DETROIT -- General Motors broadly supports President Donald Trump’s effort to cut corporate taxes but wouldn’t benefit for about five years because of the huge losses it incurred leading up to its 2009 bankruptcy, CFO Chuck Stevens said.
GM, by applying deferred tax credits it was allowed to keep after washing away debt and forming itself into a new company, already pays an effective tax rate of less than the 15 percent Trump has proposed, Stevens said. Trump’s plan, unveiled in sparse detail this week, would cut the business tax rate from its current 35 percent.
“Our cash tax rate is less than 10 percent and we would expect it to remain less than 10 percent for a significant period of time, with or without tax reform,” Stevens said.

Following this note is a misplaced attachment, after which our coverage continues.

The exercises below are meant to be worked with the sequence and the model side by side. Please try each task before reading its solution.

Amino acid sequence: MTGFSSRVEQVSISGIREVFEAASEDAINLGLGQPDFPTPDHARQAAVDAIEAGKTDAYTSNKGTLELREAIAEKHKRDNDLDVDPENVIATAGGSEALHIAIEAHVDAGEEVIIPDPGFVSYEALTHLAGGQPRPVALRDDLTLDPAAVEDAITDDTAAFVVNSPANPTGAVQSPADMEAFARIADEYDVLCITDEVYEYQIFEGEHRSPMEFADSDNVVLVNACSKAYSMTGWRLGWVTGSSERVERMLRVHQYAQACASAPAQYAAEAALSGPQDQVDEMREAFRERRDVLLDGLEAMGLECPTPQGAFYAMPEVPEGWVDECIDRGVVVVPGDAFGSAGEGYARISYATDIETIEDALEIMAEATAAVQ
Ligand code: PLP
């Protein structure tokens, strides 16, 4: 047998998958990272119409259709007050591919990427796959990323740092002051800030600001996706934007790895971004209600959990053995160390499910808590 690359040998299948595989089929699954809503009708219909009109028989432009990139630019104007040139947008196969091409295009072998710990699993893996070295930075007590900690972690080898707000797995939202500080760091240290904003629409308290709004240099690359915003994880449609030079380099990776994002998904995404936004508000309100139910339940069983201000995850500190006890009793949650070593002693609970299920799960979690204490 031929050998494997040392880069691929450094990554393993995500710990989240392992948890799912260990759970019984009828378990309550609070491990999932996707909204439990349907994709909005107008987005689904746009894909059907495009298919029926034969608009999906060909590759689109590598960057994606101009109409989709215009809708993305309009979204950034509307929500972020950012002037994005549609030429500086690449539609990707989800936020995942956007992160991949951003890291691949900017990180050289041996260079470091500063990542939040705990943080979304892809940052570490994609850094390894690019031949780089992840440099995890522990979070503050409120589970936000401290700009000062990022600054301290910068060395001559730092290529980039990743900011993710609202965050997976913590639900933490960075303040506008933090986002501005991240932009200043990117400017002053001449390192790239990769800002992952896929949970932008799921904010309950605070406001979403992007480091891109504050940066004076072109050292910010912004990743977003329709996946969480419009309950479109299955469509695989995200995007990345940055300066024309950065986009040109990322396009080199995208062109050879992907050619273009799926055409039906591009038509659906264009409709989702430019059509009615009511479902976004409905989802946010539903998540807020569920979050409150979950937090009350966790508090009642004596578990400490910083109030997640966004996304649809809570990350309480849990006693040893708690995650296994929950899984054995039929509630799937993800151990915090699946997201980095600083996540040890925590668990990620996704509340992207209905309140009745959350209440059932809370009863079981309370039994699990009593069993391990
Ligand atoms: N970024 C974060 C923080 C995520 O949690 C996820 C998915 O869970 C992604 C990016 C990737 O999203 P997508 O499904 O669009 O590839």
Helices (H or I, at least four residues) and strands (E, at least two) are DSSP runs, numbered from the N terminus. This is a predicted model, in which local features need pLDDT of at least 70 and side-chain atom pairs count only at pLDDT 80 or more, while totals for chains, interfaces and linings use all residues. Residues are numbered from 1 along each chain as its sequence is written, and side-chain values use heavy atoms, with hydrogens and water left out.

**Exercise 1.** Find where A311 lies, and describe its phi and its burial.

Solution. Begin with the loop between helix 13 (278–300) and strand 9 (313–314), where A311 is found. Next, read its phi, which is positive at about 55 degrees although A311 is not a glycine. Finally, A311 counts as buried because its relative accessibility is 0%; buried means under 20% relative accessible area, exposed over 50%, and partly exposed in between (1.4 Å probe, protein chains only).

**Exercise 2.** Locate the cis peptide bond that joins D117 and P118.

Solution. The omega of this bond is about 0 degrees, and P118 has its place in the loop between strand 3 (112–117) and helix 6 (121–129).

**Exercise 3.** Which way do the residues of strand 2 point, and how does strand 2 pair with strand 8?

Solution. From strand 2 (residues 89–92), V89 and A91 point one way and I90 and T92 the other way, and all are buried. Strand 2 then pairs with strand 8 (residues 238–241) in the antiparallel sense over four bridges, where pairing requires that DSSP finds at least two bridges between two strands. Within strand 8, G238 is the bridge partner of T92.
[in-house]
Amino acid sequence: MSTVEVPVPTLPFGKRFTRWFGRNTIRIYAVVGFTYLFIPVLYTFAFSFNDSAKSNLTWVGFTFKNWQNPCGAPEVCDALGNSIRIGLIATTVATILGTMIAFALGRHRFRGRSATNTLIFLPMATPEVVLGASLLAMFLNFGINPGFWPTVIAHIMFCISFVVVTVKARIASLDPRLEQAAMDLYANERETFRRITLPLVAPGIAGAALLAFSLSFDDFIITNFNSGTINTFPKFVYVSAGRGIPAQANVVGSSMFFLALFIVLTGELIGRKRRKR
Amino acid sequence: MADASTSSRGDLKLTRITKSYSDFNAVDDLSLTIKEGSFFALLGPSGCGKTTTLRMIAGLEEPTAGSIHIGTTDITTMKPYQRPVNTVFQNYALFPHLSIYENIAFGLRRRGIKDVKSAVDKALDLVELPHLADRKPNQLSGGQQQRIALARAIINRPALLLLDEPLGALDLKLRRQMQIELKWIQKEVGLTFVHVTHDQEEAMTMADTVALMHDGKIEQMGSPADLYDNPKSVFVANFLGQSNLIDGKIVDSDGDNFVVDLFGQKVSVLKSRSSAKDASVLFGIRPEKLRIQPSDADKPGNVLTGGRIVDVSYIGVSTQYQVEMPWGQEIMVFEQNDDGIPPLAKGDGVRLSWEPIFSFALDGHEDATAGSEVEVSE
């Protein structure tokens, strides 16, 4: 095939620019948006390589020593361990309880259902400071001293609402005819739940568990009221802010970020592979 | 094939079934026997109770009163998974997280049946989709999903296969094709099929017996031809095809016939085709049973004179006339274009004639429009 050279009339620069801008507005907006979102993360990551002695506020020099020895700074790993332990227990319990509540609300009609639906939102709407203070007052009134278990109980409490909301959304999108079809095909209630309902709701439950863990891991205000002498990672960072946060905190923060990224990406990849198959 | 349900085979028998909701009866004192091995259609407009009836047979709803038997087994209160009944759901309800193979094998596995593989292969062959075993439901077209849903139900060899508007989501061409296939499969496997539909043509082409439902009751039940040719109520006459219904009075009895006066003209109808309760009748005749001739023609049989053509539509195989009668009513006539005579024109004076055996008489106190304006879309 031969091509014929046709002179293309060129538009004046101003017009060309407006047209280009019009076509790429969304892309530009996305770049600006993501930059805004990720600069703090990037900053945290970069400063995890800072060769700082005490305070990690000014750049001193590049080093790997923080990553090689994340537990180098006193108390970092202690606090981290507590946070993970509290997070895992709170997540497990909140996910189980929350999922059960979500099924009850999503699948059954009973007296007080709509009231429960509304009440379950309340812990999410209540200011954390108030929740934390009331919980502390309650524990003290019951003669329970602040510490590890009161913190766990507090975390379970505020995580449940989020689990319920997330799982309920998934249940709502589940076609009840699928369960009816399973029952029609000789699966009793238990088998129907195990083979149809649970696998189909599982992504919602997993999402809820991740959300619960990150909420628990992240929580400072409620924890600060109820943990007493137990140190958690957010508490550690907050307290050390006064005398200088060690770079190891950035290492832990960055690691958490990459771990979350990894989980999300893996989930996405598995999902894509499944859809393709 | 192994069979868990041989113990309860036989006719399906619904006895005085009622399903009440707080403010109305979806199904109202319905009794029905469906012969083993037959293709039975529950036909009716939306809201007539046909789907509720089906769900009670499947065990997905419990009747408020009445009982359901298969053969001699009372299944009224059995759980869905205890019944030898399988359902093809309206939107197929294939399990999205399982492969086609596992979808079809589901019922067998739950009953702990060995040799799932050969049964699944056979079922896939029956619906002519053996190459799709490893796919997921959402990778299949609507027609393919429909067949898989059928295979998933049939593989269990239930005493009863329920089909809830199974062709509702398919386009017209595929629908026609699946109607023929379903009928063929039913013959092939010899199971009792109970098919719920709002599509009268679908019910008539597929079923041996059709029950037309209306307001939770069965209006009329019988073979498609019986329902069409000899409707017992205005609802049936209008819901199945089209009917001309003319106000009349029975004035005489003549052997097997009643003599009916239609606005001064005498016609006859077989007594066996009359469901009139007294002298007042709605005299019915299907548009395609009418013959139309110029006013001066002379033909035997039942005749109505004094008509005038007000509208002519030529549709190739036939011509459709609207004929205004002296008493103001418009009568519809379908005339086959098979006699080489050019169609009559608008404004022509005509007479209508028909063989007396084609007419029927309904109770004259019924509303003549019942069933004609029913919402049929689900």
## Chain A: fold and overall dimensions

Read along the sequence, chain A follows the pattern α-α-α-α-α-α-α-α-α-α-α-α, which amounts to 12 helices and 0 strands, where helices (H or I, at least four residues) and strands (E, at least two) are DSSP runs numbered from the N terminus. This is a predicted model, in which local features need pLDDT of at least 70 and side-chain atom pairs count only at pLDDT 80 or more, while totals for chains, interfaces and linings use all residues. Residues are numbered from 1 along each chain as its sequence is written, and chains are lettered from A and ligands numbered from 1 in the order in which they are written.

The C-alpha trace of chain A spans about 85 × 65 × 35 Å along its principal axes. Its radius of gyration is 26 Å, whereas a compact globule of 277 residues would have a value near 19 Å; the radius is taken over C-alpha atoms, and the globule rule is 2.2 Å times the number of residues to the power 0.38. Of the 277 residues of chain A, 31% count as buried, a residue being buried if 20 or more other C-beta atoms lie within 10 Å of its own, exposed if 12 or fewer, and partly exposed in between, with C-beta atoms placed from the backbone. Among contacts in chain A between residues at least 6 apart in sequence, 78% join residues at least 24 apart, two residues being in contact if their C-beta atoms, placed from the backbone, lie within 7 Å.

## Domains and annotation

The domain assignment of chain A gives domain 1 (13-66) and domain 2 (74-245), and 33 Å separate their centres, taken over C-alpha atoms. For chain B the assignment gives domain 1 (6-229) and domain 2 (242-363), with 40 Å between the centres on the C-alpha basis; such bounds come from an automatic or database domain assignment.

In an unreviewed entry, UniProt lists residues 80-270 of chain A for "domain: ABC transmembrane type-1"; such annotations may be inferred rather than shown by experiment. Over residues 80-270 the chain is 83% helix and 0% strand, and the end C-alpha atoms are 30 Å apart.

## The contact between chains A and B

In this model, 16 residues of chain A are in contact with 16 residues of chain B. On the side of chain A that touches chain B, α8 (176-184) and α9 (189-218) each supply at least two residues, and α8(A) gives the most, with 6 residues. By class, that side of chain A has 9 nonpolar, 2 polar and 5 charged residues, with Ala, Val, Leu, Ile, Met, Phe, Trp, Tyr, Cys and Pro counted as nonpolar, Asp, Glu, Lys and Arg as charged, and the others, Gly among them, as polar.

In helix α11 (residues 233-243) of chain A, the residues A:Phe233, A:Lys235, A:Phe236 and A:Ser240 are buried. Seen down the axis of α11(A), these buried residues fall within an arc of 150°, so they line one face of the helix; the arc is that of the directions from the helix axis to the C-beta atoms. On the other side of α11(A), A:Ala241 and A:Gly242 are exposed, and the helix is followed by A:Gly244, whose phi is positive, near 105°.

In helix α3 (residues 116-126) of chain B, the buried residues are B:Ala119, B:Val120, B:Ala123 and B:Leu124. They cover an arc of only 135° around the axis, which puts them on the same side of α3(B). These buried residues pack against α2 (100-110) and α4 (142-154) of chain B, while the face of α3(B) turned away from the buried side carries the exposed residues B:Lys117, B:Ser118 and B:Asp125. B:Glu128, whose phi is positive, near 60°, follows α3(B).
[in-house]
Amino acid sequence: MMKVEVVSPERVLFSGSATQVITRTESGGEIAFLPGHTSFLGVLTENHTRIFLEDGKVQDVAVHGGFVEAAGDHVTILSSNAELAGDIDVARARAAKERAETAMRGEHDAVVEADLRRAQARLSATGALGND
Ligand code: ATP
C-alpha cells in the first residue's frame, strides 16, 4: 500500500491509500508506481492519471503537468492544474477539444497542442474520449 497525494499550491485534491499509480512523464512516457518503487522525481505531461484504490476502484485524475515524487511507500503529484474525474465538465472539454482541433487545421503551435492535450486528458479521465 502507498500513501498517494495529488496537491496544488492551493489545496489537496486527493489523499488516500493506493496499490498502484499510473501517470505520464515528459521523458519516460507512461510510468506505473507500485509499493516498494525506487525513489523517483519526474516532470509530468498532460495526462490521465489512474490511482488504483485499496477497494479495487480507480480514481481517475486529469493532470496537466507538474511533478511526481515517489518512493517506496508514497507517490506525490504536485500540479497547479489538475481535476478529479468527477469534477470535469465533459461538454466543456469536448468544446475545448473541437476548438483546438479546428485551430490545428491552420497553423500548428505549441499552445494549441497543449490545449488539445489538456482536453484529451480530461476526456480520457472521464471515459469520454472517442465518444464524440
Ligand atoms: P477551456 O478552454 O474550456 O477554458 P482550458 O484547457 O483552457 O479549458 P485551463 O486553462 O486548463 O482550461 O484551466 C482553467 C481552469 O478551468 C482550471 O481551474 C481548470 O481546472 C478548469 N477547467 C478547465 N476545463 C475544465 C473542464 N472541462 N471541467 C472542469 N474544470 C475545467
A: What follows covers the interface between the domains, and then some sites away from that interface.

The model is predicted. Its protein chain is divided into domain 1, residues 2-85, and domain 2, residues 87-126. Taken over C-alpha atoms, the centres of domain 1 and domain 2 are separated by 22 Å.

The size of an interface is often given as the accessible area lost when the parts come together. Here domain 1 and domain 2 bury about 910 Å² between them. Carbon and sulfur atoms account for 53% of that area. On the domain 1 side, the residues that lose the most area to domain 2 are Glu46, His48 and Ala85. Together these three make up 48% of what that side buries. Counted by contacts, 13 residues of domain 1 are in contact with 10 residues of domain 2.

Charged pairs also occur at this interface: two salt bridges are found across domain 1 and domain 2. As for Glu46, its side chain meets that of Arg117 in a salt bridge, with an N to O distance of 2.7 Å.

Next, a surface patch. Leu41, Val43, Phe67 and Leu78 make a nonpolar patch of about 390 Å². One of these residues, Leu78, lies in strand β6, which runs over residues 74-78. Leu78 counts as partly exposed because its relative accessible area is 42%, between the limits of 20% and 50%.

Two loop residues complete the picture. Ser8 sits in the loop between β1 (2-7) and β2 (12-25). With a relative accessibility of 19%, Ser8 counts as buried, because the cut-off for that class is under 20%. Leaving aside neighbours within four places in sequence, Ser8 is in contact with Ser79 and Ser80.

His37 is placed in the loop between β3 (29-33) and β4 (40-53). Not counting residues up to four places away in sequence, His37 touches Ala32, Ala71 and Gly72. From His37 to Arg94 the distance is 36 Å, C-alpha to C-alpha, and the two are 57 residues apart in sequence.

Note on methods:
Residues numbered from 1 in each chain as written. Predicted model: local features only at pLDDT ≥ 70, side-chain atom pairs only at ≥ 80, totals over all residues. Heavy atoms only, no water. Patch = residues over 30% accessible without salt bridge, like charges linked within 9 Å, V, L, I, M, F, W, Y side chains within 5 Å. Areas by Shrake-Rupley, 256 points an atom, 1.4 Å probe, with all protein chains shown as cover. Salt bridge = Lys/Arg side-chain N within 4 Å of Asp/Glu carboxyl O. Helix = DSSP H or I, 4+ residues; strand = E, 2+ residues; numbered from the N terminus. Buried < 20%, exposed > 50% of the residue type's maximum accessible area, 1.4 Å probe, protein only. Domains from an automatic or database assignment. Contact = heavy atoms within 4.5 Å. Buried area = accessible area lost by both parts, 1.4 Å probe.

Nearly eight years after emerging from Chapter 11 protection, GM still has some $34 billion in deferred tax assets and credits for past operating losses to use, Stevens said. If a tax cut passes, he said GM would have to take a one-time charge to write down the value of the credits it holds, though that wouldn’t affect the rate it actually pays.
Even though GM would see no immediate change, the automaker supports tax reform, Stevens added.
“We think it’s good for the economy, good for consumers, good for businesses,” he told reporters after the company reported first-quarter net income of $2.6 billion. “What was rolled out earlier this week was obviously not very detailed, so it’s hard to provide any real perspective, because there’s still a lot of uncertainty, but from a general overall position we certainly favor it.”